Focus-Science and Technology - - DISCOVERIES -

Ac­ci­dent and trauma vic­tims with type O blood – around 45 per cent of the pop­u­la­tion – may be at sig­nif­i­cantly higher risk of dy­ing than peo­ple with sim­i­lar in­juries who have less com­mon blood types, ac­cord­ing to new re­search car­ried out at Tokyo Med­i­cal and Den­tal Univer­sity Hospi­tal.

“Loss of blood is the lead­ing cause of death in pa­tients with se­vere trauma, but stud­ies on the as­so­ci­a­tion be­tween dif­fer­ent blood types and the risk of trauma death have been scarce,” Said Dr Wataru Takayama, lead au­thor of the pa­per in the jour­nal Crit­i­cal Care. “We wanted to test the hy­poth­e­sis that trauma sur­vival is af­fected by dif­fer­ences in blood types.”

The team stud­ied the records of the 901 pa­tients treated for se­vere trauma at two Ja­panese med­i­cal cen­tres in the years 2013 to 2016. They found that the death rate among pa­tients with type O blood was 28 per cent, com­pared to just 11 per cent among those with other blood types.

It’s be­lieved this may be due to type O blood hav­ing lower lev­els of a blood­clot­ting agent known as von Wille­brand fac­tor.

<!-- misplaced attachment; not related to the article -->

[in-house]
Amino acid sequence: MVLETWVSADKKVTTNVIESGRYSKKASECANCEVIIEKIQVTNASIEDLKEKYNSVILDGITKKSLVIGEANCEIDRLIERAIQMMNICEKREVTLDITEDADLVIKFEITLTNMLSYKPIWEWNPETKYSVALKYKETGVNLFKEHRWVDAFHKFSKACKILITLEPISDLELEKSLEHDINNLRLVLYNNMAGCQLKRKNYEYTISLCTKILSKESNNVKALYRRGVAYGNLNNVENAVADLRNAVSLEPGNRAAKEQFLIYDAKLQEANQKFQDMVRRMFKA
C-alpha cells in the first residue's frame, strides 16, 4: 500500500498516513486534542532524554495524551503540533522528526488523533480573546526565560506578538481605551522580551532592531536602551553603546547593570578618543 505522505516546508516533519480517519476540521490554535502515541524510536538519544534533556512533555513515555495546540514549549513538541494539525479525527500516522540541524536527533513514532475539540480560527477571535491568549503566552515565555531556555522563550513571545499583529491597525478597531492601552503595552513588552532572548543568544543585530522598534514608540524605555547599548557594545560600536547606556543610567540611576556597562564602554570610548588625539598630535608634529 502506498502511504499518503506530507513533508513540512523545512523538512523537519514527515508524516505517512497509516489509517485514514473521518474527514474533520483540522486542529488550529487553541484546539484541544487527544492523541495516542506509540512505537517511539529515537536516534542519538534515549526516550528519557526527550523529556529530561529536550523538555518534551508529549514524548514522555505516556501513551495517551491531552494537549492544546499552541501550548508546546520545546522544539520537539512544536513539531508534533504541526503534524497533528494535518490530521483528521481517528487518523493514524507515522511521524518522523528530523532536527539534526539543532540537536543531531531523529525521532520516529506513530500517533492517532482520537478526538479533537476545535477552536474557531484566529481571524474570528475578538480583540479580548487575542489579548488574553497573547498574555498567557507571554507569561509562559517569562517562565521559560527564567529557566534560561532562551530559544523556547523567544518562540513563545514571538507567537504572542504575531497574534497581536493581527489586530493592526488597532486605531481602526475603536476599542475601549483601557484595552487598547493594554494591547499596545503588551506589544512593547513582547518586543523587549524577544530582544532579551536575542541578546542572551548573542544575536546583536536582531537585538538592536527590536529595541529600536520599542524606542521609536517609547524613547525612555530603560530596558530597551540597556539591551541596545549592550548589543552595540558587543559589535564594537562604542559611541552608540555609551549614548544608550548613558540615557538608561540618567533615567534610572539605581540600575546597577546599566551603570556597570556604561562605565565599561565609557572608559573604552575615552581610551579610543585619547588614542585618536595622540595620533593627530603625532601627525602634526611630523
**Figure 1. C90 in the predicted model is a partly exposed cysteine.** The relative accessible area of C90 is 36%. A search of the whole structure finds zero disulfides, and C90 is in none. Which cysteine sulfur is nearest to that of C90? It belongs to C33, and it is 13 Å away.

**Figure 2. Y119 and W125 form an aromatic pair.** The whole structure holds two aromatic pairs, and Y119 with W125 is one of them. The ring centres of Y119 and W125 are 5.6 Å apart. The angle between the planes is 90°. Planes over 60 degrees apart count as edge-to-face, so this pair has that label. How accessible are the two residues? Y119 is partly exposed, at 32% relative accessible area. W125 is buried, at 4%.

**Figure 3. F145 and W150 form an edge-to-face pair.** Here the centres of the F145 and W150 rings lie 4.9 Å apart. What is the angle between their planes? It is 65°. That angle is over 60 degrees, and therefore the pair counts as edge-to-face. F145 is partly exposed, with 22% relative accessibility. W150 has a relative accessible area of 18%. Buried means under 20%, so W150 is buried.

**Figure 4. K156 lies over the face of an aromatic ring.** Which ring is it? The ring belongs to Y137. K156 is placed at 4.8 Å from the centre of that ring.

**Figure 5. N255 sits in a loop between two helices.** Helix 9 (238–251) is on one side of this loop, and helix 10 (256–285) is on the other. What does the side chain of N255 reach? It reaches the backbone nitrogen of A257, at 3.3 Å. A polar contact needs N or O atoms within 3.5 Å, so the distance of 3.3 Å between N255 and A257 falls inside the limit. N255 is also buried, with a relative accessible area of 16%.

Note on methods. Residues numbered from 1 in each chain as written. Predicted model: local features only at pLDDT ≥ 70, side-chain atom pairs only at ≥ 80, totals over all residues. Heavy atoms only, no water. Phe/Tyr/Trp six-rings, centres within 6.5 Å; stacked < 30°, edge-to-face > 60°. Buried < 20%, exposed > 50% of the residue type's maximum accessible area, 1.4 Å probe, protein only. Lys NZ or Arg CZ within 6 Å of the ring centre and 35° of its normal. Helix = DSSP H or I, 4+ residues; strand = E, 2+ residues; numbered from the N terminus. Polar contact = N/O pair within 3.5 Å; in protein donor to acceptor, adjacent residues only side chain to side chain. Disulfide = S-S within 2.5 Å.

The find­ings raise ques­tions about the use of type O blood for blood trans­fu­sions when treat­ing trauma pa­tients, but the re­port’s authors urge cau­tion, stress­ing that it is not yet known whether this ap­plies to all eth­nic groups as all 901 pa­tients in­volved in the re­search were Ja­panese. What’s more, the study only com­pared type O to non-type O pa­tients – hav­ing blood of types A, B or AB may af­fect pa­tient sur­vival rates in other ways. More re­search is there­fore needed be­fore hos­pi­tals re­write their trauma treat­ment rule books, the re­searchers say.

The O blood type is the most com­mon, and the one that’s most fre­quently re­quested by hos­pi­tals

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